```
rots <- ufc.pca$rotation
ufc.pca1<- as.matrix(ufc.df2) %*% rots
ufc.pca1 <- data.frame(ufc.pca1)
dim(ufc.pca1)
```

`## [1] 793 12`

```
pca1 <- ufc.pca1[,1]
pca2 <- ufc.pca1[,2]
pca3 <- ufc.pca1[,3]
```

```
k.max <- 15
wss <- sapply(1:k.max, function(x){ kmeans(ufc.df2,x,nstart=30,iter.max=20)$tot.withinss } )
data.frame(x=1:k.max,y=wss)%>%
ggplot(aes(x=x,y=y))+geom_point()+geom_line()
```

`K <- 4`

In my opinion the optimal number of groups looks to be between 4 and 8. We will go with 4 groups to be conservative.

```
ufc.km <- kmeans(ufc.df2,K,iter.max=20,nstart=30)
ufc.km1 <- kmeans(ufc.pca1,K,iter.max=20,nstart=30)
table(ufc.km$cluster,ufc.km1$cluster)
```

```
##
## 1 2 3 4
## 1 0 0 0 195
## 2 0 0 244 0
## 3 197 0 0 0
## 4 0 157 0 0
```

With and without PCA the two clusterings are in total agreement. Perfect!

```
ufc.df2$cluster.km<- ufc.km$cluster
ufcCluster.df <- data.frame(pca1,pca2,cluster=factor(ufc.df2$cluster.km),name=ufc.df$name,weight=as.factor(ifelse(ufc.df$weight<155,1,ifelse(ufc.df$weight<205,2,3))))
```

Here is a plot of all fighters based on these directions, with stand-outs names marked.

```
gp2 <- ggplot(ufcCluster.df,aes(pca1,pca2,color=cluster,shape=weight))+
geom_point(size=1)+
#geom_text_repel(aes(label=name),size=3)+
geom_text_repel(data = subset(ufcCluster.df, pca1 < -4), aes(label = name))+
geom_text_repel(data = subset(ufcCluster.df, pca1 > 4), aes(label = name))+
geom_text_repel(data = subset(ufcCluster.df, pca2 > 4.25), aes(label = name))+
geom_text_repel(data = subset(ufcCluster.df, pca2 < -3.5), aes(label = name))+
ggtitle("UFC Cluster Analsys and PCA")
gp2
```

Let’s facet wrap by weight and see if we really did achieve a model that is invariant of weight classes.

```
ufcCluster.df$weight <- ufc.df$weight
ggplot(ufcCluster.df,aes(pca1,pca2,color=cluster))+
geom_point(size=1)+
facet_wrap(~ weight, ncol=3)+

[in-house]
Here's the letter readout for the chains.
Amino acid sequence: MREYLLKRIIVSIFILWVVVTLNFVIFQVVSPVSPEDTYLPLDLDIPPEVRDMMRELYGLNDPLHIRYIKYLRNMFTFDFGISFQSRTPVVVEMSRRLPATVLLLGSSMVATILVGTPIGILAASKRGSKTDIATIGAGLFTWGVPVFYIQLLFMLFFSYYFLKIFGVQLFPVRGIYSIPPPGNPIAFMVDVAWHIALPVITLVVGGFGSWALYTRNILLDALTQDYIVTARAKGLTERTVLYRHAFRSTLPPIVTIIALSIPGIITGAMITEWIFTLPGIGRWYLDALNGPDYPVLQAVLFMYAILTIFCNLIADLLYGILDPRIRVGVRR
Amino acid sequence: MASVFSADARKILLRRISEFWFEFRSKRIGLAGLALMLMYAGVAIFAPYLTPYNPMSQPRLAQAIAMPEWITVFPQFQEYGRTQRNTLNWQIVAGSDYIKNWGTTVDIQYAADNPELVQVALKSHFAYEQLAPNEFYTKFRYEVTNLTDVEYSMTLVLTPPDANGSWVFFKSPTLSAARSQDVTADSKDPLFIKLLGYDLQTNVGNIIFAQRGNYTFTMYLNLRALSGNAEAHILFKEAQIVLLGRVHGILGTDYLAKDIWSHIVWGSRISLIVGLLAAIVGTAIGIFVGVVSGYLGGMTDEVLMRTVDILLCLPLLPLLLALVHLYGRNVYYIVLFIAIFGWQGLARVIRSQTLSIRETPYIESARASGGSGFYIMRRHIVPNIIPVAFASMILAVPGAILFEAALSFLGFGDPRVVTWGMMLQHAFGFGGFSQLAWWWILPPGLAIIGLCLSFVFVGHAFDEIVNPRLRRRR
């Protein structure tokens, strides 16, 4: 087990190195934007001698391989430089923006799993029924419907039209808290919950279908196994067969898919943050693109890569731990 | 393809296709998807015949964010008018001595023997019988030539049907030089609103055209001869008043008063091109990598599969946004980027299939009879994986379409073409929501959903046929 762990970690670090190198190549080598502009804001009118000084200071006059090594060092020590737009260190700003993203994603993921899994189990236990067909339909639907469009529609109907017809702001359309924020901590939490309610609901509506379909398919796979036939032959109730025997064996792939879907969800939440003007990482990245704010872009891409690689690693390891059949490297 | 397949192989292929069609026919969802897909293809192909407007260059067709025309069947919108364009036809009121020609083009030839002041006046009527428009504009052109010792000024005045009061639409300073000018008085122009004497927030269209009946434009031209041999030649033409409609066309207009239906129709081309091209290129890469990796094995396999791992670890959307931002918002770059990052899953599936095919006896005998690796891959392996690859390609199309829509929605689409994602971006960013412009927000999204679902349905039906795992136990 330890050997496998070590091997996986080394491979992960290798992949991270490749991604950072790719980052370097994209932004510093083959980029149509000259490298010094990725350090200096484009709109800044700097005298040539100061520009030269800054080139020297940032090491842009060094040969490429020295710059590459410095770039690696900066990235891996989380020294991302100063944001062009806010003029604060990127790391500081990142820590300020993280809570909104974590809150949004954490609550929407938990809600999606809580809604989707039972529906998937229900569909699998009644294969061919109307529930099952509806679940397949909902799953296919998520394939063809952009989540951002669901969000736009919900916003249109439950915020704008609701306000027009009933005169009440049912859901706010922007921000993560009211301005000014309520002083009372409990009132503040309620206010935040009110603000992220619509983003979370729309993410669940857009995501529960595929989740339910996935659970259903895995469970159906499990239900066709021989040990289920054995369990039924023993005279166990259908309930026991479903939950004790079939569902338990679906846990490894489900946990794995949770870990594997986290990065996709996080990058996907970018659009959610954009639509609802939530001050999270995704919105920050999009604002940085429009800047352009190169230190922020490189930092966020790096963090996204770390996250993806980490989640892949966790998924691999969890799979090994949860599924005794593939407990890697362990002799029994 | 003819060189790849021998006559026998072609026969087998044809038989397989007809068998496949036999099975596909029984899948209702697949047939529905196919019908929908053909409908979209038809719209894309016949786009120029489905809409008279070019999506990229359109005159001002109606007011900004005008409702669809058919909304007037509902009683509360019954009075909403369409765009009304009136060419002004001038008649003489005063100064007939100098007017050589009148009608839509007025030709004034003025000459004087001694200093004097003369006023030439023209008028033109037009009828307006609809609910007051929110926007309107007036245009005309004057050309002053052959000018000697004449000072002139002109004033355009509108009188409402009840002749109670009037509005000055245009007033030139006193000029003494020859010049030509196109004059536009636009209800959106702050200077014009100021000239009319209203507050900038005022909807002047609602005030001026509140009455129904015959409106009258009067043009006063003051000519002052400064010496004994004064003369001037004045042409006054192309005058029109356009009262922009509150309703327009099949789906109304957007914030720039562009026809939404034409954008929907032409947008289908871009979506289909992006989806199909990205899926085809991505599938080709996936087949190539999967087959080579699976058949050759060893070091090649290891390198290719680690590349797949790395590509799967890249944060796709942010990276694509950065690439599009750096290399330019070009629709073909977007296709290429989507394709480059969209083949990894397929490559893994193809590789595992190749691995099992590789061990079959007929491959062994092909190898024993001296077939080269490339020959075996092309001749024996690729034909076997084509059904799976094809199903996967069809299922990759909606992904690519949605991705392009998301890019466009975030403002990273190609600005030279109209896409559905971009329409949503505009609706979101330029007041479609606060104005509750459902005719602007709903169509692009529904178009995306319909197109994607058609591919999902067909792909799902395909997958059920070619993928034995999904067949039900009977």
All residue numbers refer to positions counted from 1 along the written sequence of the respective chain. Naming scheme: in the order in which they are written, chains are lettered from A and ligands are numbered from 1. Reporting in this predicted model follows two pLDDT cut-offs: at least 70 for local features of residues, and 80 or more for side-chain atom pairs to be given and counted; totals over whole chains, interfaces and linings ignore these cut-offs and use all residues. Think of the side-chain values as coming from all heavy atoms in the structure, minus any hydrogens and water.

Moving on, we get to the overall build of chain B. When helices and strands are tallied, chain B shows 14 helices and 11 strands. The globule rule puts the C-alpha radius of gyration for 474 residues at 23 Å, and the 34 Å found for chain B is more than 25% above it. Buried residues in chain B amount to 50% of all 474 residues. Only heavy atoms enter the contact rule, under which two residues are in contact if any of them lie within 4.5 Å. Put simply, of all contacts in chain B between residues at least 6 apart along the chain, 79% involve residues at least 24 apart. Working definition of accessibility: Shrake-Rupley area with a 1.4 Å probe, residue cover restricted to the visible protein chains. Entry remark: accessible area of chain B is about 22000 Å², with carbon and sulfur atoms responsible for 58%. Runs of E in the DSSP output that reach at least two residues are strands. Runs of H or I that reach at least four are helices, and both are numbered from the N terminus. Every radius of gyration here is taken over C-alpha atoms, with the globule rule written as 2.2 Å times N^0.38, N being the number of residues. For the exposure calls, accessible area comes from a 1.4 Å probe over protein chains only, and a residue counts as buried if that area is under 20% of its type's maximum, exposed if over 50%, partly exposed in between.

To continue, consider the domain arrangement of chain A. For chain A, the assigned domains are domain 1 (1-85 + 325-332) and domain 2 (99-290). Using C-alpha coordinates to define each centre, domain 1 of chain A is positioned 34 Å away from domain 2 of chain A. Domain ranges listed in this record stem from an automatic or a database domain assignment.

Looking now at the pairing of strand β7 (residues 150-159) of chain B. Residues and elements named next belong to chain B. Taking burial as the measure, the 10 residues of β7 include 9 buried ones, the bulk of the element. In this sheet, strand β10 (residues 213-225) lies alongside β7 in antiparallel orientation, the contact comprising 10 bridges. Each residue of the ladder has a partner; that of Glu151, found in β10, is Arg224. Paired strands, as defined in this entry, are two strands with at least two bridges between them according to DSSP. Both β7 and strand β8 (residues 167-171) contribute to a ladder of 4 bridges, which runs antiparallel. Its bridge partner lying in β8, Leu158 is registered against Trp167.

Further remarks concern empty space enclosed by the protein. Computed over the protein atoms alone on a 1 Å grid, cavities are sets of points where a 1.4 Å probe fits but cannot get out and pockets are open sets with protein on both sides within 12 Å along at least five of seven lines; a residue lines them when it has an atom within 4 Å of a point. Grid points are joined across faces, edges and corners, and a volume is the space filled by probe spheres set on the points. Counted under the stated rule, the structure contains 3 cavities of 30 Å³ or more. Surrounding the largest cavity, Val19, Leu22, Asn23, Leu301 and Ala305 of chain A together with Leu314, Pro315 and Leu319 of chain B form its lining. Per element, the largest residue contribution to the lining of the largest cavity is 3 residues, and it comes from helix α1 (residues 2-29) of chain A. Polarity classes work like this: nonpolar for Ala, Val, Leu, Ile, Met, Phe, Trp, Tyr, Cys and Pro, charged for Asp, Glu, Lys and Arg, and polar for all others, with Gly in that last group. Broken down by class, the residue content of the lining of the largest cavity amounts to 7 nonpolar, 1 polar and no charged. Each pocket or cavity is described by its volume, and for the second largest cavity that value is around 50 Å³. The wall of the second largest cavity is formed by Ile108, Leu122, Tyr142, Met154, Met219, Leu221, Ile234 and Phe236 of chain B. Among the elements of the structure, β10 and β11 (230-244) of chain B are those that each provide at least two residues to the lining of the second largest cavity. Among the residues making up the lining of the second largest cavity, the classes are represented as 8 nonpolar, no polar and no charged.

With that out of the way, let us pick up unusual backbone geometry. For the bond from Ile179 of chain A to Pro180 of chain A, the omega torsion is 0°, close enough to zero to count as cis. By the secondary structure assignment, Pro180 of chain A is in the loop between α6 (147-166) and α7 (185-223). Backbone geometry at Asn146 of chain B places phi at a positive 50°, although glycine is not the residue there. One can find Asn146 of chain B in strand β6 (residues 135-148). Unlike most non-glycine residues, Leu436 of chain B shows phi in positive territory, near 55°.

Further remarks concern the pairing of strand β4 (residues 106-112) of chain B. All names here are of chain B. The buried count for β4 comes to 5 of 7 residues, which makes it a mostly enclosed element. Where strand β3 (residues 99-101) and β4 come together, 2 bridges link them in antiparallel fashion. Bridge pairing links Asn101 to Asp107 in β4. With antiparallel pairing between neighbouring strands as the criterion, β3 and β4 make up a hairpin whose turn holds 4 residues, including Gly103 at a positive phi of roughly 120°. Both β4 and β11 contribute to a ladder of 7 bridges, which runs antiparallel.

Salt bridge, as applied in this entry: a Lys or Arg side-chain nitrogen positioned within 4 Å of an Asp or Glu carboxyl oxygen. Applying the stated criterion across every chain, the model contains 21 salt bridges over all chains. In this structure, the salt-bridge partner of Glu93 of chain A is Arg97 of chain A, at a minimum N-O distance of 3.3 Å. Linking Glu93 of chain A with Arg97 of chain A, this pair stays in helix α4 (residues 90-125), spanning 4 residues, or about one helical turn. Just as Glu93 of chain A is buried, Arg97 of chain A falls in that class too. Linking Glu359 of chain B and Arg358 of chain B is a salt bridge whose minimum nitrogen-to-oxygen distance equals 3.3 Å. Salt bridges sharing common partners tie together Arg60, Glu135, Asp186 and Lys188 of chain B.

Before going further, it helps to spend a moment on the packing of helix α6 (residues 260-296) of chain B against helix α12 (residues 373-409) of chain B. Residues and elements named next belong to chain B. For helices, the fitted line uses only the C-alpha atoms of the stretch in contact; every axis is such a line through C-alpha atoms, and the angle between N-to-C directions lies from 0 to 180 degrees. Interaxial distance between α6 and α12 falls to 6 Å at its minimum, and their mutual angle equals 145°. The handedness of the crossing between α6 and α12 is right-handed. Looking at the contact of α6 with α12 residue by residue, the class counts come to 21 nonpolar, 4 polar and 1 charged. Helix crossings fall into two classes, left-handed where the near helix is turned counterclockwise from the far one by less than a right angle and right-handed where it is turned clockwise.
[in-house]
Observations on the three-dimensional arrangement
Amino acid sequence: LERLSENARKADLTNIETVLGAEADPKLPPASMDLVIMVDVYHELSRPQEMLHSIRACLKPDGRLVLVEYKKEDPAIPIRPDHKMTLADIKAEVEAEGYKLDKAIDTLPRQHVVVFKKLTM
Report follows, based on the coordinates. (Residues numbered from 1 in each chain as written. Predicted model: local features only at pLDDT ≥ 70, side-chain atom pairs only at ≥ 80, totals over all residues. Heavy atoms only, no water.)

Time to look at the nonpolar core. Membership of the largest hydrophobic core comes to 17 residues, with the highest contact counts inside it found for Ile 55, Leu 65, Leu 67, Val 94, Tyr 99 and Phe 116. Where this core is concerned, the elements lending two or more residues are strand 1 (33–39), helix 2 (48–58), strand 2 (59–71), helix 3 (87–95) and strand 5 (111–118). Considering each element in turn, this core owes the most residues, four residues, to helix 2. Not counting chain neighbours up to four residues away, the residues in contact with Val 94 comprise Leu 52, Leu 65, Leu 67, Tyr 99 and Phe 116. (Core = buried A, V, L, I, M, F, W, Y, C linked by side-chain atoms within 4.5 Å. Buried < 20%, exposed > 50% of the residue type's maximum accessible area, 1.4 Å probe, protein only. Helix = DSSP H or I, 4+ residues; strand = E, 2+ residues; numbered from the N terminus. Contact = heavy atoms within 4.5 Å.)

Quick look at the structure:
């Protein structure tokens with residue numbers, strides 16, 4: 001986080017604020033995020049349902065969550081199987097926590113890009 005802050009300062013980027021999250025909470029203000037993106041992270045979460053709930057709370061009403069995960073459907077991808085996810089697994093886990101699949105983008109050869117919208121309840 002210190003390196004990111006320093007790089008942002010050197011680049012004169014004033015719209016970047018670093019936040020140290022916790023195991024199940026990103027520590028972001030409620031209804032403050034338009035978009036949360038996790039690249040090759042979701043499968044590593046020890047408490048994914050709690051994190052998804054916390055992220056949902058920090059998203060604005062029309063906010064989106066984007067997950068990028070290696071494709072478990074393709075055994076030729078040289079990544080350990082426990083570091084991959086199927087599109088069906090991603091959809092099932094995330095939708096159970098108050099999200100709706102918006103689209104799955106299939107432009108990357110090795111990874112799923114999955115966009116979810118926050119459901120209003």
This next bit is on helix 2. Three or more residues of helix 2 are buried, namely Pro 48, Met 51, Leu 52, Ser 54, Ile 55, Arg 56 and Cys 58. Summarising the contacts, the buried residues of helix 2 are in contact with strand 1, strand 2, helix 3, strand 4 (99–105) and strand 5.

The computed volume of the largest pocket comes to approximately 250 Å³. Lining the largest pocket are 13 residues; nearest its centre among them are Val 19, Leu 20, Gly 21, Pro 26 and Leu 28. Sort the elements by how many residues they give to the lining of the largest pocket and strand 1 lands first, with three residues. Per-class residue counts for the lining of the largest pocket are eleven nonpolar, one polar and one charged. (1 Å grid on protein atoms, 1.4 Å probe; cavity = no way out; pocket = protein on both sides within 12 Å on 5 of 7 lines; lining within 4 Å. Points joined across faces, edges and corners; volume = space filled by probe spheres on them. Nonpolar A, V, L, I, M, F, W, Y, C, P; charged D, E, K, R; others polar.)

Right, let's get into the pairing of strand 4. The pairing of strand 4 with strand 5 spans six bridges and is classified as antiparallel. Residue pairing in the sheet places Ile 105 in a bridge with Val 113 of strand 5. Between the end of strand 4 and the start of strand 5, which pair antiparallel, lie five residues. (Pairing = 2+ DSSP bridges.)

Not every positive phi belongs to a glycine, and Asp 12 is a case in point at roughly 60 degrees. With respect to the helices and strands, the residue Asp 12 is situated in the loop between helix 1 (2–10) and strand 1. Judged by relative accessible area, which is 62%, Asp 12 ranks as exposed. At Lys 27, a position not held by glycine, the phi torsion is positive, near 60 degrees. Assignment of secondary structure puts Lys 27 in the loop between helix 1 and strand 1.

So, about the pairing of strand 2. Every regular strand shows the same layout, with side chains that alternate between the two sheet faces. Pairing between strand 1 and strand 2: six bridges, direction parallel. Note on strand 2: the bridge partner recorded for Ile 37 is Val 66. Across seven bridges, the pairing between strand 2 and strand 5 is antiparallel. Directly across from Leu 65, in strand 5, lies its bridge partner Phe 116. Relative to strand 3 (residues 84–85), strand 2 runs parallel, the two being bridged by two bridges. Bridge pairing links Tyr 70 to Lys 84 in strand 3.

ggtitle("UFC Cluster Analsys and PCA")
```

Looks like there is still some bias between weight classes, but perhaps this is to be expected. There tend to be more knockout punchers in heavier weight classes which makes sense because weight tends to transfer well to one punch knockout power in MMA, with Derrick “The Black Beast” Lewis being a very good example of this.

Doing the K-means cluster analysis using PCA, we can see that the data relatively splits along the four quadrants, where, in order of quadrants we have (1) hard-hitting knockout artists, (2) grapplers and submission artists, (3) wrestlers who dominate on top for decision victories and (4) evasive strikers who go to decision. Let’s plot this with top 10 fighters and other notables in each division to see if this theory continues to hold.

```
notable_fighters <- read.csv("~/ADM/notable_fighters.txt")
notable_fighters <- apply(notable_fighters,2,as.character)
nf.df <- ufc.df2[notable_fighters,]
indices <- as.numeric(lapply(notable_fighters, function(n) which(ufc.df$name==n))) %>% na.omit
nf.df <- nf.df[complete.cases(nf.df),]
nrow(nf.df)
```

`## [1] 70`

The fighters whose names are in the notable fighters documents are more well known recent fighters (particularly who I am familiar with so that I can interpret this more accurately). They are all currently or formerly ranked in the top 10 of their weight division. This set includes all division champions and most top 5 with a few others thrown in. Below let’s try reclustering this group on it’s own, and seeing how this compares to how they were clustered with all the others.

```
nf.df$pca1 <- pca1[indices]
nf.df$pca2 <- pca2[indices]
nf.df$name <- ufc.df$name[indices]
weights <- ufc.df[indices,]$weight
nf.df$weight <- weights
gp1 <- ggplot(nf.df,aes(pca1,pca2,color=as.factor(cluster.km)))+
geom_point(size=1)+
geom_text_repel(aes(label=name),size=3)+
guides(color=F)
gp1 + ggtitle("UFC Cluster Analysis and PCA Select Fighter Clustering")
```